Best practices

  • Minimize the amount of text that users need to type. Only ask for relevant information. Include smart default values and allow users to choose items from pickers where possible. Try to store and display information that users enter so that they don't have to enter the same information again and again.
  • If the form has a lot of fields, place the focus on the first field. This approach helps users complete the form quickly. If the first field is not a text field, don't place the focus on any component. Otherwise, users might miss the first component.

Groups and labels

  • Group and order fields logically (for example, group related items together or include the most common items first).
  • Use labels, space, dividers, and different font sizes to create hierarchy as needed but avoid creating too much visual noise. Use bordered sections sparingly.
  • Limit the use of labels. Include hint text in fields to minimize the need for descriptive labels. This approach helps keep forms compact and content-focused. In some cases, you might need a label if the field contains a default value or if the description of the field is too long to include as hint text.
  • Place labels above the associated fields. This approach provides a more distinct visual hierarchy for small screens and allows extra space for translated text, if required. If your application appears in landscape view you could consider placing labels beside the associated fields.


  • Allow users to press the Enter key to move to the next text field. Make sure that the form scrolls so that users can see the next field.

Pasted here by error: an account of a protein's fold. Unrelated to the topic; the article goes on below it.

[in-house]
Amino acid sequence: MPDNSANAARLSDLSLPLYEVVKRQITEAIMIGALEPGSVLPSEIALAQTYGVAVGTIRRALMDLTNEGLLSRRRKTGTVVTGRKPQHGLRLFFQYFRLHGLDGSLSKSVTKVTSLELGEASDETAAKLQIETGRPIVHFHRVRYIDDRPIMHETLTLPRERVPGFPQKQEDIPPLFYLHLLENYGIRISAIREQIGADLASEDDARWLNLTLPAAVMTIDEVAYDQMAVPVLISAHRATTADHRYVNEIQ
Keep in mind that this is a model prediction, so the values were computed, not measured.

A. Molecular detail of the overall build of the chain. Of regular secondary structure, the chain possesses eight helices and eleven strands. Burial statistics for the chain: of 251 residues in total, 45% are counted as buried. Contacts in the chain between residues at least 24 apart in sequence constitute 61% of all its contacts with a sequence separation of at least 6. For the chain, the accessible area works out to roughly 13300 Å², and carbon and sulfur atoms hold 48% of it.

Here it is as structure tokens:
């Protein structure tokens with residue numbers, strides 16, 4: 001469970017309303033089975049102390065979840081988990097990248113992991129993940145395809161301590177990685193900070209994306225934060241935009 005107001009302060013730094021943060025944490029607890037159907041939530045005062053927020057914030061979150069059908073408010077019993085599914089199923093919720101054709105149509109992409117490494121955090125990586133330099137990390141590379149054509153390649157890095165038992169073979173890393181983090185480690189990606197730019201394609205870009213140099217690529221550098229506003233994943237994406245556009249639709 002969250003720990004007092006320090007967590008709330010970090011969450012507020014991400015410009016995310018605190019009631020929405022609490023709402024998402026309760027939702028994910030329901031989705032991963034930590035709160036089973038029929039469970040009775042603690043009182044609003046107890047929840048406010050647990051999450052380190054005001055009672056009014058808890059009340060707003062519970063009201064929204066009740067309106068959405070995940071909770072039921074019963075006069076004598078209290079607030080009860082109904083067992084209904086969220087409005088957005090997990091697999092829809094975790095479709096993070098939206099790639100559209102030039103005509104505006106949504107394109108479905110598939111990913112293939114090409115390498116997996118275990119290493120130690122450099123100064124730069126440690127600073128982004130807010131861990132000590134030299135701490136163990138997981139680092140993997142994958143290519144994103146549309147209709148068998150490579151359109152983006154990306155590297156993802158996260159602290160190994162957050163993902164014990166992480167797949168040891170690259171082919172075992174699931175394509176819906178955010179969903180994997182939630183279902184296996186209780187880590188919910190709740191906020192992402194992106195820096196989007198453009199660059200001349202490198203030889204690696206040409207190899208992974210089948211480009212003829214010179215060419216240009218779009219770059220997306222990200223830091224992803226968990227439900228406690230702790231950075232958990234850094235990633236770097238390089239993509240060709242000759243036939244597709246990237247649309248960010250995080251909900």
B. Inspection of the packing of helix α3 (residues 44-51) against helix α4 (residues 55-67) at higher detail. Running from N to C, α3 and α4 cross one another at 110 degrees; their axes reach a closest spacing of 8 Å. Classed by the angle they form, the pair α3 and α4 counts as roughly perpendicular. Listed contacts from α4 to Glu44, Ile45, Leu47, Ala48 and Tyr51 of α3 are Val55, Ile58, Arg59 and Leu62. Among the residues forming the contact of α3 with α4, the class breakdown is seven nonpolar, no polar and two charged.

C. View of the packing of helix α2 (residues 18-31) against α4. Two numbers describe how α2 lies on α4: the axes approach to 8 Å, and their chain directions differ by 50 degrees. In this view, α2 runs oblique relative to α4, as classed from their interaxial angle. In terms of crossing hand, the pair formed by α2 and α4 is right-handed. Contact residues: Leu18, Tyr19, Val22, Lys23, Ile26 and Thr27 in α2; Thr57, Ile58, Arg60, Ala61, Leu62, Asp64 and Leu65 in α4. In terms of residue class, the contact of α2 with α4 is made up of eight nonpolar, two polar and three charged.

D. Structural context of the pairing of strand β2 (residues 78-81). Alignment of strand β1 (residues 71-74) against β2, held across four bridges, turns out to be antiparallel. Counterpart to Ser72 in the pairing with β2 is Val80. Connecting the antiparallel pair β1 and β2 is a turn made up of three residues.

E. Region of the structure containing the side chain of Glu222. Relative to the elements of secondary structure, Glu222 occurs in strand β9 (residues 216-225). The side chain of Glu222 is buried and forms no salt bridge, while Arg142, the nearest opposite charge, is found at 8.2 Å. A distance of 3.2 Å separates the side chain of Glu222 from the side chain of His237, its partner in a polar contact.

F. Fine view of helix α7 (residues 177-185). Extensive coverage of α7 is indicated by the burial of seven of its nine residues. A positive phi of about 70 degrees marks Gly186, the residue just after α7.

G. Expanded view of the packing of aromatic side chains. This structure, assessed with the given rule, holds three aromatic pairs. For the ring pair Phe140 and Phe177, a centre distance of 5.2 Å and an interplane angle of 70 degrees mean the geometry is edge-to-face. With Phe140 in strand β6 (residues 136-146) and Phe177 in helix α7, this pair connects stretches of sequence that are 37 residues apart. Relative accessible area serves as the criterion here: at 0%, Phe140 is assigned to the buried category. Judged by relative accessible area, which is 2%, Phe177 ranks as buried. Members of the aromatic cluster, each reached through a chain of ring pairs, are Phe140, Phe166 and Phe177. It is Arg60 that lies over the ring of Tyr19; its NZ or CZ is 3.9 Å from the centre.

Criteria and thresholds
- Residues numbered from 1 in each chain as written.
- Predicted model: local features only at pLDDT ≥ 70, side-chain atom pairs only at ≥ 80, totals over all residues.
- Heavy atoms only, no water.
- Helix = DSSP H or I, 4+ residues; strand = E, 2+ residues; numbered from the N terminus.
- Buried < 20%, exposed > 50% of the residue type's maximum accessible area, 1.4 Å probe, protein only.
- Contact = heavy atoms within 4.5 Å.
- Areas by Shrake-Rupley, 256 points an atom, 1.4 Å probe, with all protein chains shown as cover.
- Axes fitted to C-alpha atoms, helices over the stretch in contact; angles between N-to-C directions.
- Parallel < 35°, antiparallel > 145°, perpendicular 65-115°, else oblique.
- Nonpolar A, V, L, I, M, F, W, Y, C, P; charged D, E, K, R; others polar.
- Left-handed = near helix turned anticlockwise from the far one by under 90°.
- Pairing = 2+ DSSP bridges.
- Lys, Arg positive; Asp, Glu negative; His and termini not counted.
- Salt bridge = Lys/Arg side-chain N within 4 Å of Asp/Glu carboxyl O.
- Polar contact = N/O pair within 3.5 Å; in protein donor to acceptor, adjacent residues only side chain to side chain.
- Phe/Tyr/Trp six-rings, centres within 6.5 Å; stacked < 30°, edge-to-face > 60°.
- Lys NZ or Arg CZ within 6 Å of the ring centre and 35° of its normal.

• Be flexible with formats. For example, for phone numbers, accept (519) 555-0199, 5195550199, and 519-555-0199.
  • Use a specific type of virtual keyboard if the input is limited to a specific type of entry. For example, use a numeric keyboard for entering numbers.
  • Create appropriately-sized fields. The size of a field indicates how much information users should expect to enter.
  • Use progressive disclosure. If the form contains infrequently used fields or if a set of fields are a result of a previous field, use progressive disclosure to reveal fields at the appropriate time.

Validation and submission

  • Validate information as users progress through the form. Don't make users wait for information to validate against a server.
  • If you create custom UI components, use a distinct visual cue (for example, a red box) to inform users of errors. Try to add descriptive error text close to the location of the error. If you cannot validate the information until users submit the form and fields are in error, scroll to the first field in the form with an error. BlackBerry UI components contain built-in error states.
  • Disable a "Submit" action until users enter all of the required data. If users try to select a disabled "Submit" action, display an inline message or a toast to identify what's missing.
  • In some cases, consider allowing users to submit a form by pressing the Enter key on the keyboard (for example, when entering a username and password). This approach makes text entry faster.

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